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    how do i integrate y=1296/(y+3)^4 ??
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    (Original post by elvss567)
    how do i integrate y=1296/(y+3)^4 ??
    Do you mean \displaystyle y=\frac{1296}{(x+3)^4} ??

    Just use a substitution.
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    (Original post by RDKGames)
    Do you mean \displaystyle y=\frac{1296}{(x+3)^4} ??

    Just use a substitution.
    yes and substitution as in lnx or substitution as in 1296(x+3)^-4??
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    (Original post by elvss567)
    yes and substitution as in lnx or substitution as in 1296(x+3)^-4??
    Substitution as in u=x+3
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    (Original post by RDKGames)
    Substitution as in u=x+3...
    could you possibly provide step by step working out?
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    If you mean:

     \displaystyle \int \frac{1296}{(x+3)^{4}} \, dx,

    then re-write you equation where (as an example) :

     \displaystyle \frac{1}{x} = x^{-1},

    and note:

     \displaystyle \int (ax+b)^{m} \, dx \, = \, \left( \frac{1}{a(m+1)} \right) (ax+b)^{(m+1)} + C.

    Can you take it from here?
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    (Original post by elvss567)
    could you possibly provide step by step working out?
    No, but surely you've come across integration by substitution?

    \displaystyle \int 1296(x+3)^{-4}.dx = \int 1296u^{-4}.du when u=x+3
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    (Original post by simon0)
    If you mean:

     \displaystyle \int \frac{1296}{(x+3)^{4}} \, dx,

    then re-write you equation as :

     \displaystyle \frac{1}{x} = x^{-1},

    and note:

     \displaystyle \int (ax+b)^{m} \, dx \, = \, \frac{1}{a(m+1)} (ax+b)^{(m+1)} + C.

    Can you take it from here?
    yes that's great! Thankyou!!!
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    RDKGames's tip is good as well.

    What is the answer did you end up with?
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    (Original post by simon0)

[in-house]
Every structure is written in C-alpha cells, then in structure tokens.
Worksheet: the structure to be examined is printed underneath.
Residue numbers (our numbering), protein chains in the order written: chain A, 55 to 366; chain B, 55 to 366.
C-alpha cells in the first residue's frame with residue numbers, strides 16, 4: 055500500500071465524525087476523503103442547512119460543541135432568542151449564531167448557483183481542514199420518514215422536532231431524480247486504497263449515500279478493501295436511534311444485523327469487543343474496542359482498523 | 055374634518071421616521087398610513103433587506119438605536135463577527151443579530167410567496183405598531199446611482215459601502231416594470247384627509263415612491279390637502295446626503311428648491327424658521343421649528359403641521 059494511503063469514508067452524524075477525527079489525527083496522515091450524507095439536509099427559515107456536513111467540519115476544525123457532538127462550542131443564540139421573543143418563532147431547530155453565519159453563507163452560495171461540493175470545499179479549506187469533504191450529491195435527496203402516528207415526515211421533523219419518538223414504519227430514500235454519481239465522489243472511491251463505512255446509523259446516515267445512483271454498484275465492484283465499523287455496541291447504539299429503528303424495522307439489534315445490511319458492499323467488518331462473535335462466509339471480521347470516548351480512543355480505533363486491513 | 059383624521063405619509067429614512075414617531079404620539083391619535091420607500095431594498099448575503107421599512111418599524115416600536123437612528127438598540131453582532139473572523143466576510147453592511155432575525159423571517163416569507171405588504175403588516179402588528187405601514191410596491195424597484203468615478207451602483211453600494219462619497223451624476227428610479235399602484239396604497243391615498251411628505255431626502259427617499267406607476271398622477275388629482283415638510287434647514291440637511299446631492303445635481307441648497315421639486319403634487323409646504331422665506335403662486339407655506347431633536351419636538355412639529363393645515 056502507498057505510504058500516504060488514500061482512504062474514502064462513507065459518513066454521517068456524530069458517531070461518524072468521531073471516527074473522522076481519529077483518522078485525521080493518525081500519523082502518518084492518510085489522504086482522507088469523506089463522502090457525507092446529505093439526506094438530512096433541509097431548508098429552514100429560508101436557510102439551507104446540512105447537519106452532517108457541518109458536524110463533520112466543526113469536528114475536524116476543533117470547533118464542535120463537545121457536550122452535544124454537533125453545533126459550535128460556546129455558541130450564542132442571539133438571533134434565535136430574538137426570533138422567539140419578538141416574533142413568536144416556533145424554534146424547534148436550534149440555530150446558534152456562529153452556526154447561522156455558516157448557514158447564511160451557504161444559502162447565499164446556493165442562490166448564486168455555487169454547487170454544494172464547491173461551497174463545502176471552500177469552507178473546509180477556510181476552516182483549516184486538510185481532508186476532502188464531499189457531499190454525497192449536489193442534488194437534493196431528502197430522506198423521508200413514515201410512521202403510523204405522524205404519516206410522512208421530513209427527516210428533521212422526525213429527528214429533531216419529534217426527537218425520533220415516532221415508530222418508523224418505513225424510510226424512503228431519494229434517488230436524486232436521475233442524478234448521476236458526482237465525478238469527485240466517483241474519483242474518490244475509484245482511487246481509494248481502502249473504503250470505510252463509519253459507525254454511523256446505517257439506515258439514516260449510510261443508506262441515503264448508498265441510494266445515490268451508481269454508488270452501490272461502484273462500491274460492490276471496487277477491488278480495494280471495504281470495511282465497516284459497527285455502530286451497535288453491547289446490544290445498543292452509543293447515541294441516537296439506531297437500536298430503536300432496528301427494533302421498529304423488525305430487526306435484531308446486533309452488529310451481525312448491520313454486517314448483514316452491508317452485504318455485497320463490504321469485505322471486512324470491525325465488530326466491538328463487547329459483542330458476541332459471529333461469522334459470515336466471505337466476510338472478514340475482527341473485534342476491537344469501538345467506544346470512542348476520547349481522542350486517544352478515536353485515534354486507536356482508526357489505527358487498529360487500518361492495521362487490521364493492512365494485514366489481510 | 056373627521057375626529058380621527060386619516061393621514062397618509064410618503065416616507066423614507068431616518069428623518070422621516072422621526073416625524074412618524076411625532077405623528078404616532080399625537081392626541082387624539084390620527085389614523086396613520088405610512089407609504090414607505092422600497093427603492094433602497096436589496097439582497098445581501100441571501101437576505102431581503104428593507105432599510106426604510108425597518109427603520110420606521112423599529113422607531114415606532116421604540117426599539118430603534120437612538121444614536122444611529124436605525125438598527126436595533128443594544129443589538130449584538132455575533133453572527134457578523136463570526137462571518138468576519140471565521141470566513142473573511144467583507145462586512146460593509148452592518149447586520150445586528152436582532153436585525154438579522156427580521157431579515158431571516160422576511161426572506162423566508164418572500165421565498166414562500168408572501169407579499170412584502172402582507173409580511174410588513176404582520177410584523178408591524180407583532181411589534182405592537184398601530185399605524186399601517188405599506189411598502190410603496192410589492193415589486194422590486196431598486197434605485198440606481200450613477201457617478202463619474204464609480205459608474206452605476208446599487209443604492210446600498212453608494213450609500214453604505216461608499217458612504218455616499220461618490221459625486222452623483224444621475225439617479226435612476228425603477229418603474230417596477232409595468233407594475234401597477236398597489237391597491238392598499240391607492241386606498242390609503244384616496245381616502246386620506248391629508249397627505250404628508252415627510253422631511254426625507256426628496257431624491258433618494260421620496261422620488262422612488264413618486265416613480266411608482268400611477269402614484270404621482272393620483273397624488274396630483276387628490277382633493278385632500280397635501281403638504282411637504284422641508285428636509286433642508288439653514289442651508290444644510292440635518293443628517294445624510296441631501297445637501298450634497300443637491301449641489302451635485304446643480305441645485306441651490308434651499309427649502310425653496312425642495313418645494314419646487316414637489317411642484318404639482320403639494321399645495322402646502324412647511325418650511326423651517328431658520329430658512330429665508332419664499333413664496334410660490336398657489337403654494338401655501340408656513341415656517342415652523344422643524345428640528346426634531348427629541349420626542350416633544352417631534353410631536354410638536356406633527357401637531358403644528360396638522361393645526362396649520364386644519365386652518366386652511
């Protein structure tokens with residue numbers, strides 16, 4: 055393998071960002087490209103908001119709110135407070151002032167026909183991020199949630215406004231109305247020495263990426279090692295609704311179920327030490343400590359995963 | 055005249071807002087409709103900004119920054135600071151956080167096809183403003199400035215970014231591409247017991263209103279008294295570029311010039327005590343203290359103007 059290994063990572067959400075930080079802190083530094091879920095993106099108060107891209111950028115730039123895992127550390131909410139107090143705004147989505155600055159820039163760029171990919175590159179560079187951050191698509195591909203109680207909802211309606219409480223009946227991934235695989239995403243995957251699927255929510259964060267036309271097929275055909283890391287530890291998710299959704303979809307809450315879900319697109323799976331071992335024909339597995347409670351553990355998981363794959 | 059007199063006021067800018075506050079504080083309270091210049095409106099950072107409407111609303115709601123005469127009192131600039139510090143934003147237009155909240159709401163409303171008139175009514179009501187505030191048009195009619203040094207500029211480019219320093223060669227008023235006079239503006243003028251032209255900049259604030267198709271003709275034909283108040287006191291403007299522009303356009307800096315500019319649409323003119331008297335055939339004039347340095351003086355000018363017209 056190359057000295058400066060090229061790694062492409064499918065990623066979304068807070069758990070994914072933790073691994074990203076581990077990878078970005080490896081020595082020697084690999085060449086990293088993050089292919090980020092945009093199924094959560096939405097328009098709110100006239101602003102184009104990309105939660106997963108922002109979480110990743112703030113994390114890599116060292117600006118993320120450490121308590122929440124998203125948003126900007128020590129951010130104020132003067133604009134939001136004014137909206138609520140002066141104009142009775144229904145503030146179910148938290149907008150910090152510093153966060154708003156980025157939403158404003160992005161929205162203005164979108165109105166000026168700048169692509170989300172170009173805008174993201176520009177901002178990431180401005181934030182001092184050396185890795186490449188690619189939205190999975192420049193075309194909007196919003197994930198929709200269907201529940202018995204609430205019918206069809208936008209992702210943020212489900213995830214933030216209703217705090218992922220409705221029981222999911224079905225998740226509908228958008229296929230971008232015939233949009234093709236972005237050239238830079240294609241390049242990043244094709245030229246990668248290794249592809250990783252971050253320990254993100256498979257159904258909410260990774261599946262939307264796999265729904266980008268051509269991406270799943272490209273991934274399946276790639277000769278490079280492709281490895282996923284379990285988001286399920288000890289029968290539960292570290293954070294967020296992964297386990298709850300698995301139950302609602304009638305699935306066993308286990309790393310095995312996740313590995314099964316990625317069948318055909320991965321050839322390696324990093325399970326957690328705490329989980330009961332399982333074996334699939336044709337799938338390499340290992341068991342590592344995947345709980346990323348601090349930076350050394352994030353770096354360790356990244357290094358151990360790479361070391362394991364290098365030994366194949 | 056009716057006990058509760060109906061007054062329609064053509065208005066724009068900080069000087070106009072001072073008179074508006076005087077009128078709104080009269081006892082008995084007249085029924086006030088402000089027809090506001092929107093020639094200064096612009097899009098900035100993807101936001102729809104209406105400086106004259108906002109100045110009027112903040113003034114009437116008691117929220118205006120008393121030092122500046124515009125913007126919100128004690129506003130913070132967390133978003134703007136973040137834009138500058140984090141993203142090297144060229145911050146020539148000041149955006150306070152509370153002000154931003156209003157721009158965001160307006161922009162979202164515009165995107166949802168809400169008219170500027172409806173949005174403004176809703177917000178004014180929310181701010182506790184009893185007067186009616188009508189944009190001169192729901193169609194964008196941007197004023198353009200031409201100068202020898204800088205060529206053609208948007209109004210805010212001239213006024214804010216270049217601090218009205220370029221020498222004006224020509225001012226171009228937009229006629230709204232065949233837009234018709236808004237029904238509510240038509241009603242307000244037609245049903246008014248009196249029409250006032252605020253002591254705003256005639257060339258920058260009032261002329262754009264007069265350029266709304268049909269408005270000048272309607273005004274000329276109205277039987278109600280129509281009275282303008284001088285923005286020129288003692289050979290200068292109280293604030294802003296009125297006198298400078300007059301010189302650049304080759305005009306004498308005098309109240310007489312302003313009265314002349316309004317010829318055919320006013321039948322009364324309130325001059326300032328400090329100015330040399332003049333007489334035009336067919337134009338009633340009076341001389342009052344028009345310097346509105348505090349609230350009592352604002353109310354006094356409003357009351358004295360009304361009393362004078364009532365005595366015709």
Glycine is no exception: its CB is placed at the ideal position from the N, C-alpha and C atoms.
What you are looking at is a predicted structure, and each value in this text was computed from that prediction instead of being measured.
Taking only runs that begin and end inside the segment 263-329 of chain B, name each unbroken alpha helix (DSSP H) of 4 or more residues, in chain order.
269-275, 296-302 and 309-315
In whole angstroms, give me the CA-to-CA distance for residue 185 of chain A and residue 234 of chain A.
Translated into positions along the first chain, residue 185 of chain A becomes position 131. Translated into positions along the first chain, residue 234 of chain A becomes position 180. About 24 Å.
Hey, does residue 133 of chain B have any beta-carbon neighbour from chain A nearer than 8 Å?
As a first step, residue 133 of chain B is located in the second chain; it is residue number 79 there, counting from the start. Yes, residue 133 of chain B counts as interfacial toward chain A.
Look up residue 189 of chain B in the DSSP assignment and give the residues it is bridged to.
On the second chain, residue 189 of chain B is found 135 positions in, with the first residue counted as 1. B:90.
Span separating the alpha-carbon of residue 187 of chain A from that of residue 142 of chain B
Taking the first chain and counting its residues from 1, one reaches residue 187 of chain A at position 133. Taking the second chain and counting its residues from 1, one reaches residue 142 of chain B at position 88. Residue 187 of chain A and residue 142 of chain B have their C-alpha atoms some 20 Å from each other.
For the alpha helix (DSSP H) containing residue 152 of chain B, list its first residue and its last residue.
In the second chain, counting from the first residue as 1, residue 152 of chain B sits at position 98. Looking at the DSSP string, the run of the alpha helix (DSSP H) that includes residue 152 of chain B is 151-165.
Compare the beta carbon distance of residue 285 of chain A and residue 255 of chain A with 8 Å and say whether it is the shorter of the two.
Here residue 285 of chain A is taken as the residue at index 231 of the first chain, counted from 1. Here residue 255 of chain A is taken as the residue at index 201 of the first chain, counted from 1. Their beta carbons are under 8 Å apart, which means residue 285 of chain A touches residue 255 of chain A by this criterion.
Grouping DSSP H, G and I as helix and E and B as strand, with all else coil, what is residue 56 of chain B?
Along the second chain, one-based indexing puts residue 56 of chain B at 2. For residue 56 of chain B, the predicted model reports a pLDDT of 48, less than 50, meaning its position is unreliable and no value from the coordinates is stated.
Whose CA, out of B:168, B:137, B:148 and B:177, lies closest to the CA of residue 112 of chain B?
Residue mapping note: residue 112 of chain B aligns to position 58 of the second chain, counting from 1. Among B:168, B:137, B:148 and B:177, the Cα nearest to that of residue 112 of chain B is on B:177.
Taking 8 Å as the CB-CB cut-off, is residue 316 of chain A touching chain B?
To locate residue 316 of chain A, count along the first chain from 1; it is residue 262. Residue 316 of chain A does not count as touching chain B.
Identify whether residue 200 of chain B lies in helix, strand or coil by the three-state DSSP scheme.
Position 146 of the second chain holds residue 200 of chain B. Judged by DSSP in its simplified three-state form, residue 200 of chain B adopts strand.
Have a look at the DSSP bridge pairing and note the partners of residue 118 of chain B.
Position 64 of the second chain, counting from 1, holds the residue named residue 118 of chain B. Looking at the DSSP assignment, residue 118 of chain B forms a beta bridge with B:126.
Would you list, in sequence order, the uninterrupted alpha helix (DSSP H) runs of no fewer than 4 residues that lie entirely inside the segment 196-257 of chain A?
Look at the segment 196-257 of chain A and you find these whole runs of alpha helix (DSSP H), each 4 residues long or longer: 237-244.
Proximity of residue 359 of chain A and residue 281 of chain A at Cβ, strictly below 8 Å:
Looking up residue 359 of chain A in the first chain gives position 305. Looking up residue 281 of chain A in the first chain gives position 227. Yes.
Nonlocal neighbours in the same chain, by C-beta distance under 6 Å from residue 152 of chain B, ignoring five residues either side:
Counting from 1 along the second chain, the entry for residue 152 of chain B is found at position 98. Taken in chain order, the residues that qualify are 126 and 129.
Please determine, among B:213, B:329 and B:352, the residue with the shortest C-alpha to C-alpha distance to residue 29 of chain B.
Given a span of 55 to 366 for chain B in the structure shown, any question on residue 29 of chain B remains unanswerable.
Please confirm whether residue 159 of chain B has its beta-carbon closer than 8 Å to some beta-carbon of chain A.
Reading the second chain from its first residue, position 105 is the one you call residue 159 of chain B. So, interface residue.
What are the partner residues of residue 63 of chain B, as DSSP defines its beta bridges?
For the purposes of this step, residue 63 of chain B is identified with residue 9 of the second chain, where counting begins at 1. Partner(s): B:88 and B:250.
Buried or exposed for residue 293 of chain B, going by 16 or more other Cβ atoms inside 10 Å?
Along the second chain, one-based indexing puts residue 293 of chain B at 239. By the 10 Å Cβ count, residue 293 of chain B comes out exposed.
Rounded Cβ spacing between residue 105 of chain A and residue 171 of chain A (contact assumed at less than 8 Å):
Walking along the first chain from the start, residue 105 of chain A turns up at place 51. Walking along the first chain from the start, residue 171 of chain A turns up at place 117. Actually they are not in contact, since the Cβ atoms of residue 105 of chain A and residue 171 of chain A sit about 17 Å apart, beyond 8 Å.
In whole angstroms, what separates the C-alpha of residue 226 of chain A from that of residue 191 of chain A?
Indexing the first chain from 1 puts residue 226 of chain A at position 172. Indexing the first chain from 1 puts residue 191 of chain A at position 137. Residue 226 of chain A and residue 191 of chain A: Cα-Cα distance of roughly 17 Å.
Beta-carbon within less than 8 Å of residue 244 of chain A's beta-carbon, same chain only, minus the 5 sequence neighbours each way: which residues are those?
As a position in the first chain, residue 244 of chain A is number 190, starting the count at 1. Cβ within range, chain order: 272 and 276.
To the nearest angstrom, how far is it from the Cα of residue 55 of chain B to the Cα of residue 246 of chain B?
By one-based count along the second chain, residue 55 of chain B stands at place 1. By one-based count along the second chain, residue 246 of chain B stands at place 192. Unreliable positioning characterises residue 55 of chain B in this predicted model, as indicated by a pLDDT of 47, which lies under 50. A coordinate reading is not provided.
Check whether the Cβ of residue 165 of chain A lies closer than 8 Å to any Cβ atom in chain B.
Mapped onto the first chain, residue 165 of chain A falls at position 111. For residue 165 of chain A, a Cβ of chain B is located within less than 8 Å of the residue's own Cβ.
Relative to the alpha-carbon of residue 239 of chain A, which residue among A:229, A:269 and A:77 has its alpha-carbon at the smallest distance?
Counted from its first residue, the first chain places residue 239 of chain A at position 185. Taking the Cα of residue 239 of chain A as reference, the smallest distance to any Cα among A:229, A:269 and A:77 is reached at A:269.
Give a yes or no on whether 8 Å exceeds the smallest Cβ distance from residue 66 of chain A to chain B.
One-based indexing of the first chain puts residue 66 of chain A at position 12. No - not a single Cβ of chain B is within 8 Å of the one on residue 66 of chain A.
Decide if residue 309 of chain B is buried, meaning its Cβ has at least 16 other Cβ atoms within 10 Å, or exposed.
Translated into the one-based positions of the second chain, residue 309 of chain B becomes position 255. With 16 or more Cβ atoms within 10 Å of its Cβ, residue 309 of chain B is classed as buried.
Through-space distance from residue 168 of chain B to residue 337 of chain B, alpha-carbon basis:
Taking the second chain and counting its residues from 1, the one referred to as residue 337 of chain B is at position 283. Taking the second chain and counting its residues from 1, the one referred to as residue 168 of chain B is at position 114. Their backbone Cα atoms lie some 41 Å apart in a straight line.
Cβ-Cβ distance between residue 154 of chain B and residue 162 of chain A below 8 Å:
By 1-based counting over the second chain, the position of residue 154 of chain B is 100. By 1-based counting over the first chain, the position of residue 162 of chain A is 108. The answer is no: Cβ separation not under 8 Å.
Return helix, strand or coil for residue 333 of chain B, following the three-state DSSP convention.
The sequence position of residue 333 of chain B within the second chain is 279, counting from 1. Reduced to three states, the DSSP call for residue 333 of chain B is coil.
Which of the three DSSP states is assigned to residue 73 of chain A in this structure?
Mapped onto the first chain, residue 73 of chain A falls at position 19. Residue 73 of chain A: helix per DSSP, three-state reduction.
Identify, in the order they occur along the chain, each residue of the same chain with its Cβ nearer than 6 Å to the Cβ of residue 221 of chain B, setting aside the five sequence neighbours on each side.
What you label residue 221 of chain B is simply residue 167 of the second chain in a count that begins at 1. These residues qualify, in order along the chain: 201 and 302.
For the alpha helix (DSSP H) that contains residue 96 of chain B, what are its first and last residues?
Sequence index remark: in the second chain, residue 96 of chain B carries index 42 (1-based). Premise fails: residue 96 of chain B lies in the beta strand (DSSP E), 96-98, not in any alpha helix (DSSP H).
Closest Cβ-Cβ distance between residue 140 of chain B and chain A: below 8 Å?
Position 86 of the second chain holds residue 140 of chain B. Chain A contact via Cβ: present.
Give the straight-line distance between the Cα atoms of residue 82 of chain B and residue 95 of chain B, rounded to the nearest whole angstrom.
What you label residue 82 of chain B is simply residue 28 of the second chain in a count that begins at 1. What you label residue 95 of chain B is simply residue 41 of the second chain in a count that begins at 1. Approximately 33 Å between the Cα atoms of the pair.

RDKGames's tip is good as well.

    What is the answer did you end up with?
    i used a mixture of both of your suggestions to get:
    -5184(x+3)^-3 /-3 + c
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    (Original post by elvss567)
    i used a mixture of both of your suggestions to get:
    -5184(x+3)^-3 /-3 + c
    How did you get 5184?
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    (Original post by RDKGames)
    How did you get 5184?
    i multiplied 1296 by -4?
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    (Original post by elvss567)
    i multiplied 1296 by -4?
    What's the reason behind this?
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    (Original post by RDKGames)
    What's the reason behind this?
    i assume when you integrate normally you have to multiply by the power and then divide by the power. e.g: 2u^2 will be 4u^3?
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    (Original post by elvss567)
    i assume when you integrate normally you have to multiply by the power and then divide by the power. e.g: 2u^2 will be 4u^3?
    The assumption is incorrect. From the very basics of C1 integration you should know that you raise the power and THEN divide by the new power on simple expressions like these.

    E.g. \displaystyle \int 2u^2 .du = \frac{2u^3}{3} +c

    Your example is flawed as since integration is opposite operation to differentiation, differentiating 4u^3 needs to give 2u^2. But \frac{d}{du}(4u^3)=12u^2 \neq 2u^2
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    (Original post by RDKGames)
    The assumption is incorrect. From the very basics of C1 integration you should know that you raise the power and THEN divide by the new power on simple expressions like these.

    E.g. \displaystyle \int 2u^2 .du = \frac{2u^3}{3} +c

    Your example is flawed as since integration is opposite operation to differentiation, differentiating 4u^3 needs to give 2u^2. But \frac{d}{du}(4u^3)=12u^2 \neq 2u^2
    Great explanation! so basically it should be :
    -3888(y+3)^-3 / -3 + c instead?
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    (Original post by elvss567)
    Great explanation! so basically it should be :
    -3888(y+3)^-3 / -3 + c instead?
    No. It should be -432(x+3)^{-3}+c. Again, no idea where you pulled your -3888 from!
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    (Original post by elvss567)
    i assume when you integrate normally you have to multiply by the power and then divide by the power. e.g: 2u^2 will be 4u^3?
    - That is not how you integrate such expressions,

    - Did you use the rule I gave you?
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    (Original post by RDKGames)
    No. It should be -432(x+3)^{-3}+c. Again, no idea where you pulled your -3888 from!
    I think i got mixed up with differentiating and integrating rules. That's the answer the mark scheme states as well.
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    (Original post by simon0)
    - That is not how you integrate such expressions,

    - Did you use the rule I gave you?
    yes,i've been multiplying by the power instead of just adding one to the power and dividing by the power, that's probably why i ended with the incorrect answers
 
 
 
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